• EROS Therapy Device:  A hand-held device for vulvas with a small plastic cup. It improves blood flow to your genitals, to help you have orgasms and increase vaginal wetness.

Medications

Your treatment will depend on the cause of the problem. And your nurse or doctor can help you figure out which treatment is best for you. Some options include:

  • Flibanserin (AKA Addyi) — A pill you take once a day to increase sexual desire (if you’re premenopausal).

  • Bremelanotide - An FDA-approved treatment for premenopausal women with generalized hypoactive sexual desire disorder (HSDD). This medicine is taken as-needed.

  • Estrogen — For postmenopausal women, estrogen replacement can help. A ring, cream, or tablet that you put in your vagina to deliver estrogen can make the muscles in your vagina become stronger and stretchier, which will increase blood flow and wetness.

  • Testosterone therapy can also be helpful for post-menopausal women

Orgasm Disorder

Symptoms

Orgasm disorder happens when you are experiencing at least one of the following symptoms and it causes you distress:

  • you don’t have orgasms
  • it takes a long time for you to orgasm
  • you have orgasms less often than you’d like
  • your orgasms aren’t as strong as you would like
Causes

Having an orgasm involves lots of things — your hormones, physical health, emotions, experiences, beliefs, lifestyle, and relationships. Problems with any of these can affect your ability to have an orgasm.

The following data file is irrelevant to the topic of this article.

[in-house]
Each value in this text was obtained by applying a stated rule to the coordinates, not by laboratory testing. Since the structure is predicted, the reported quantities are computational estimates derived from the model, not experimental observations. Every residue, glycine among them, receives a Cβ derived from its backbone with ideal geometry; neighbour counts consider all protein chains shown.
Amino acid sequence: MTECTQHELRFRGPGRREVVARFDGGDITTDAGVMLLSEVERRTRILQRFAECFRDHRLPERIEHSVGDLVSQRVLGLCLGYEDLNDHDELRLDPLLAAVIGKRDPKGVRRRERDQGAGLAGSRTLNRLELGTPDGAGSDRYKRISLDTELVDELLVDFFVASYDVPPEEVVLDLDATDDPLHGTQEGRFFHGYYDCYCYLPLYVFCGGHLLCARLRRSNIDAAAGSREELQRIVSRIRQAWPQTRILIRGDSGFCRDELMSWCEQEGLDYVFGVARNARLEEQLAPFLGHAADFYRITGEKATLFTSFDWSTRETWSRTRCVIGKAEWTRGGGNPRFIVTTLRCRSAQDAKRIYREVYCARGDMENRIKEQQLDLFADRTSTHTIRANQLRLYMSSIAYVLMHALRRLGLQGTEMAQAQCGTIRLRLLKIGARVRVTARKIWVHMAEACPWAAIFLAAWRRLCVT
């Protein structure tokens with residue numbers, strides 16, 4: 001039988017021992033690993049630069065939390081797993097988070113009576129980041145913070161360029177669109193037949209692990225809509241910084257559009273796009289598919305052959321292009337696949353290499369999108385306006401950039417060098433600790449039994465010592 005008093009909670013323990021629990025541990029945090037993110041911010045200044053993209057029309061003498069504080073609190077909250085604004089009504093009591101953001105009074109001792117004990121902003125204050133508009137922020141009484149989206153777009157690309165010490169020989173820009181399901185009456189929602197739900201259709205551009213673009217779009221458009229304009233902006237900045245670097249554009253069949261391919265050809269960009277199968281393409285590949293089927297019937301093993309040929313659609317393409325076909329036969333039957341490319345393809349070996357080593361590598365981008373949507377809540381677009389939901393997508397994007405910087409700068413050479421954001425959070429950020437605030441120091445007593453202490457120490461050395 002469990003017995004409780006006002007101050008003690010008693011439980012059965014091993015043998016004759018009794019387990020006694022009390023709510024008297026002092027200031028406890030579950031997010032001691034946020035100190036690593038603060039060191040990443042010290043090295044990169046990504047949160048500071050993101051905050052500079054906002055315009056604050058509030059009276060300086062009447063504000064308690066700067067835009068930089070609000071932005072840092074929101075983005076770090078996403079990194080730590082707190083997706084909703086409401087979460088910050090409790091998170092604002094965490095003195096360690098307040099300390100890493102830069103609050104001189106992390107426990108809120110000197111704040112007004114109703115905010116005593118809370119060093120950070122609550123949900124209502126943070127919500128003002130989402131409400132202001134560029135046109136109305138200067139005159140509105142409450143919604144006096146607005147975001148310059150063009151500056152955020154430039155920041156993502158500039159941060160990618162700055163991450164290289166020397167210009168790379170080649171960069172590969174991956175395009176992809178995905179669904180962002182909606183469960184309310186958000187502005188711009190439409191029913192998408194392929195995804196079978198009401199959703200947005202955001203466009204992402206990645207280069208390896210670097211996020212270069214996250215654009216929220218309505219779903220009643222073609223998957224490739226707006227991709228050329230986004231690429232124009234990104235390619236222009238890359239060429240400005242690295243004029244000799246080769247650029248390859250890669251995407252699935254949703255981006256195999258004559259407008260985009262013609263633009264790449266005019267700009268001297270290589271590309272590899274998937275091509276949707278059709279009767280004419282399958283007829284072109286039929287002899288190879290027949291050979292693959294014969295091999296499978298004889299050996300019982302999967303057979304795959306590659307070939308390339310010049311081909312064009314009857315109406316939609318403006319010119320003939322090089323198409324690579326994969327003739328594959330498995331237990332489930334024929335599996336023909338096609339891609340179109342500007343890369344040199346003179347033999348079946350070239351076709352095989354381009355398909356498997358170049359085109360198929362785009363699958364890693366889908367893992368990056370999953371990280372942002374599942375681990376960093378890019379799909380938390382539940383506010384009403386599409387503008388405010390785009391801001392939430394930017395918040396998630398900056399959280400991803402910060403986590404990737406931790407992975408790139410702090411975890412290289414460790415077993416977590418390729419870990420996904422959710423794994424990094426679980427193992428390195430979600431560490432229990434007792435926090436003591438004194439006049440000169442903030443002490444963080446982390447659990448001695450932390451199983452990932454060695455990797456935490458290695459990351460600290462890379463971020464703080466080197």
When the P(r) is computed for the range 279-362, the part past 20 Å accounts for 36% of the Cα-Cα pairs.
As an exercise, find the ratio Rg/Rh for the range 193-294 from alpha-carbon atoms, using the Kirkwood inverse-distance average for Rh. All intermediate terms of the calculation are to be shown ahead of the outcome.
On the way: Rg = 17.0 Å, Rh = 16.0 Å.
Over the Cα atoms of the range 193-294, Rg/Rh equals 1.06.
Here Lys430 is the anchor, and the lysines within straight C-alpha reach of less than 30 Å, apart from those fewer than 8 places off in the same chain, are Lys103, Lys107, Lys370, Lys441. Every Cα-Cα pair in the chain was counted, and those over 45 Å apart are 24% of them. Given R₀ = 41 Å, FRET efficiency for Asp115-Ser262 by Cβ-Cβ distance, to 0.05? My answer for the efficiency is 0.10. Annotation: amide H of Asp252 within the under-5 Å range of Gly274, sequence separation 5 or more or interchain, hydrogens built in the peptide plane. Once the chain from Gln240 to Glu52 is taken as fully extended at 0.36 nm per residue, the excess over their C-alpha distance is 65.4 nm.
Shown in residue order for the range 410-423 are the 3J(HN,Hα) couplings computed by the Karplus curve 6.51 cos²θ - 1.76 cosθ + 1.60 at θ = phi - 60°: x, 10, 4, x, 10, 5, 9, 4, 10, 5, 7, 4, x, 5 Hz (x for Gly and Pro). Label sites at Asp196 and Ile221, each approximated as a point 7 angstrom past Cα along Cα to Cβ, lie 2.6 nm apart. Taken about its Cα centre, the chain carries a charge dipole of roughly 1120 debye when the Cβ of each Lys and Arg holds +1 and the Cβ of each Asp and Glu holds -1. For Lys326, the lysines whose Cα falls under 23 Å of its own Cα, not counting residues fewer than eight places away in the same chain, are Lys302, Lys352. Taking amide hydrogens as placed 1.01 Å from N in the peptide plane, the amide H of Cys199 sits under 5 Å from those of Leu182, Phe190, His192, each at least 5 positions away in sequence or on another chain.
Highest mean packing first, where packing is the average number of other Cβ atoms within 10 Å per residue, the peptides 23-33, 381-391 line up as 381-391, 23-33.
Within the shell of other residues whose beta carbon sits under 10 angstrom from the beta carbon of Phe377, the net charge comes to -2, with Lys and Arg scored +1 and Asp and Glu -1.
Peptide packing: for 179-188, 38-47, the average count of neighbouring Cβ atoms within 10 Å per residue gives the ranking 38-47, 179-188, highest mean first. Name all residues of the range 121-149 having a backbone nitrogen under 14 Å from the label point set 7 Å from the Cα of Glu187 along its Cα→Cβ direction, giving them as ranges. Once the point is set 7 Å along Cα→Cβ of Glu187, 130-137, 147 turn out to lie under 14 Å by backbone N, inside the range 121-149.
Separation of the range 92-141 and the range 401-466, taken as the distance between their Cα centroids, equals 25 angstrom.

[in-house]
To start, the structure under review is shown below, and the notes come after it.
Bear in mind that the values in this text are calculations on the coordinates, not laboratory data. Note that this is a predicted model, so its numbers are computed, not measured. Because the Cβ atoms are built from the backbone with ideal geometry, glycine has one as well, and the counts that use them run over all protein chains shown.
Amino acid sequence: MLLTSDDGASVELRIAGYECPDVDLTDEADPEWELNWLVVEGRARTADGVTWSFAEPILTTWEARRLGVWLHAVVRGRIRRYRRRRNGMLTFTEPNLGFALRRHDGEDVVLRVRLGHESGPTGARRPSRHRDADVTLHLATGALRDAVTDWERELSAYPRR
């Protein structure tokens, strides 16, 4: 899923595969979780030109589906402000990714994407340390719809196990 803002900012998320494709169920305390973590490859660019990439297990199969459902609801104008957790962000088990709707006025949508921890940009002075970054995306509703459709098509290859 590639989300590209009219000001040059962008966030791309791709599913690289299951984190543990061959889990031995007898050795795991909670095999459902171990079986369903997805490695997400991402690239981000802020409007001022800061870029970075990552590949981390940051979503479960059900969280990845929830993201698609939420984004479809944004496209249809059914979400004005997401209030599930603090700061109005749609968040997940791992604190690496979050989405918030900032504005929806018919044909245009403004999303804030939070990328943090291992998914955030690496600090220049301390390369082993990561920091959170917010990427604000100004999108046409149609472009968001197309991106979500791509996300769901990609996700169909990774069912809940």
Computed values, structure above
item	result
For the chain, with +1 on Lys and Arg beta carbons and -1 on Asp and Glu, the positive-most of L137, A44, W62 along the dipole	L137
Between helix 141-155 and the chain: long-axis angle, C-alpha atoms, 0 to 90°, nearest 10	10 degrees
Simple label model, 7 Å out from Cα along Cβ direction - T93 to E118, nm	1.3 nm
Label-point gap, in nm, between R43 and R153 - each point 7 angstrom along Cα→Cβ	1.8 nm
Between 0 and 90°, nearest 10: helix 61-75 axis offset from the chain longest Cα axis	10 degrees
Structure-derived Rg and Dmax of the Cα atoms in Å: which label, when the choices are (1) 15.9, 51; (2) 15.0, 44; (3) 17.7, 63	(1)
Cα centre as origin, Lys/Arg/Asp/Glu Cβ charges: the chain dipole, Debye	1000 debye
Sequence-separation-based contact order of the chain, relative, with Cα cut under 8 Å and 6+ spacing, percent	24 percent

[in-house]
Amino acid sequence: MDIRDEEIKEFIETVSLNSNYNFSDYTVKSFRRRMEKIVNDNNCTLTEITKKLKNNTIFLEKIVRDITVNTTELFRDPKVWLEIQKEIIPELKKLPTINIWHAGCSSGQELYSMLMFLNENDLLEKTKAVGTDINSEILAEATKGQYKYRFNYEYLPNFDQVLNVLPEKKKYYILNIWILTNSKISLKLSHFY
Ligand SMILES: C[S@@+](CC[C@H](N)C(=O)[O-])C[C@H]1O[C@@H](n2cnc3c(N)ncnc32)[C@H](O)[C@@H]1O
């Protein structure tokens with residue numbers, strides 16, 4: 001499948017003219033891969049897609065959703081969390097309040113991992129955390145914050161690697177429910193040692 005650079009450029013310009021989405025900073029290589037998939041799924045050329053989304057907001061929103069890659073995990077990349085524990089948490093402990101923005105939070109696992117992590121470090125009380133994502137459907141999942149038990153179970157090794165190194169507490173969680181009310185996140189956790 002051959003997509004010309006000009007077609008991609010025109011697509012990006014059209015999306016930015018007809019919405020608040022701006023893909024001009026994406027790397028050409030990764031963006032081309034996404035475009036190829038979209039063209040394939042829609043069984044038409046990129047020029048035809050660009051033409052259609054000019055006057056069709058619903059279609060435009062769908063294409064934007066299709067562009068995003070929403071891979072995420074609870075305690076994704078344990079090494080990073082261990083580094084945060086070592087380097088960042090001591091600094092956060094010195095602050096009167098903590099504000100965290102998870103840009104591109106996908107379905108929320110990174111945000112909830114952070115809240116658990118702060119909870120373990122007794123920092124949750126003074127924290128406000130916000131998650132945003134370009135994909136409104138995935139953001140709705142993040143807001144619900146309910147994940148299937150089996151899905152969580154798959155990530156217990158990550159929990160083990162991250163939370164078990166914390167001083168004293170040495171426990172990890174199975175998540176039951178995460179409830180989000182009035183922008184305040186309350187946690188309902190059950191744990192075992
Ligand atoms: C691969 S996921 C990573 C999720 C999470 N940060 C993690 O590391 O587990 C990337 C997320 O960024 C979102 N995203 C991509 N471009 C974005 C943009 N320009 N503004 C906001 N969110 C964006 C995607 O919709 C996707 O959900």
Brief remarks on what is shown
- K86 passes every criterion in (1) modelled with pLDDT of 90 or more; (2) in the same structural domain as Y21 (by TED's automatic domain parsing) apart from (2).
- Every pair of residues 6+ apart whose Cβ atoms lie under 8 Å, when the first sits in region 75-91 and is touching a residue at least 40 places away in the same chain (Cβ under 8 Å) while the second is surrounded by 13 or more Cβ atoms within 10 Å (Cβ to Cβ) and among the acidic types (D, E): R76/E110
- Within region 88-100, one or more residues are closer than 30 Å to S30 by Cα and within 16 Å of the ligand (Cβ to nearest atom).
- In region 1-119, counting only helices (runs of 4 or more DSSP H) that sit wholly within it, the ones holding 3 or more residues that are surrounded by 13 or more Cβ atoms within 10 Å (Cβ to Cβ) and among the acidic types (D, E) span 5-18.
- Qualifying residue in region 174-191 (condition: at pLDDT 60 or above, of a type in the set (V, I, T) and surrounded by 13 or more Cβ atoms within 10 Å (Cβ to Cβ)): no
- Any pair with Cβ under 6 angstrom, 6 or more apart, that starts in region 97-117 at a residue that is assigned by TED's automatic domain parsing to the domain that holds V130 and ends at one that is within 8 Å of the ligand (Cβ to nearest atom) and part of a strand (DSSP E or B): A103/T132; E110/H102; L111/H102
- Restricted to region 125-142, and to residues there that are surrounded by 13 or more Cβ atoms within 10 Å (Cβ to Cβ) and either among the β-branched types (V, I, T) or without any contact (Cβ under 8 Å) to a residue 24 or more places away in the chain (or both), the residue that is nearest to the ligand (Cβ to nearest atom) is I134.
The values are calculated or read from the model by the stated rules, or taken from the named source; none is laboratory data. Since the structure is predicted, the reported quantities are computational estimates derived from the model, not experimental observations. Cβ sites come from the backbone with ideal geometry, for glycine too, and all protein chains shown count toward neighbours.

Causes of orgasm disorder can include:

  • Anxiety or depression

  • Stress

  • Tiredness

  • Problems with blood flow or the nerves in your sex organs

  • Problems with your partner

  • Issues with your body image

  • Low sex hormone levels

  • Medicines like antidepressants, blood pressure medicines, and chemotherapy

  • Medical problems like cancer, diabetes, heart problems, multiple sclerosis, or bladder problems

  • Menopause

  • Recently being pregnant, giving birth, or breastfeeding

  • Sexual abuse or trauma in your past

Lifestyle Treatments

The right treatment will depend on the cause of the problem, but some lifestyle changes that may help include:

  • Kegel exercises

  • Talking with your partner about your likes and dislikes 

  • You and your partner can sensually touch different parts of your bodies and see what turns you on.

  • Exploring magazines, websites, and other entertainment that may turn you on

  • Masturbating 

  • Using sex toys

  • Using genital lubricants or moisturizers (if you’re using condoms, choose a water-based lubricant)

  • Reducing stress to improve your mood through things like meditation and breathing exercises

  • Limiting alcohol, and avoiding smoking and drugs

  • Exercising regularly to improve your mood and give you more energy

  • Physical therapy for your pelvic floor (the muscles around and near your genitals)

  • Talking with a counselor who specializes in sex and relationship problems

  • EROS Therapy Device:  A hand-held device for vulvas with a small plastic cup. It improves blood flow to your genitals, to help you have orgasms and increase vaginal wetness.

Medications

Currently, the only medical treatment for orgasm disorder in women is estrogen therapy for postmenopausal women. This can include a ring, cream, or tablet that you put in your vagina to make the muscles in your vagina stronger and stretchier, increasing blood flow and wetness.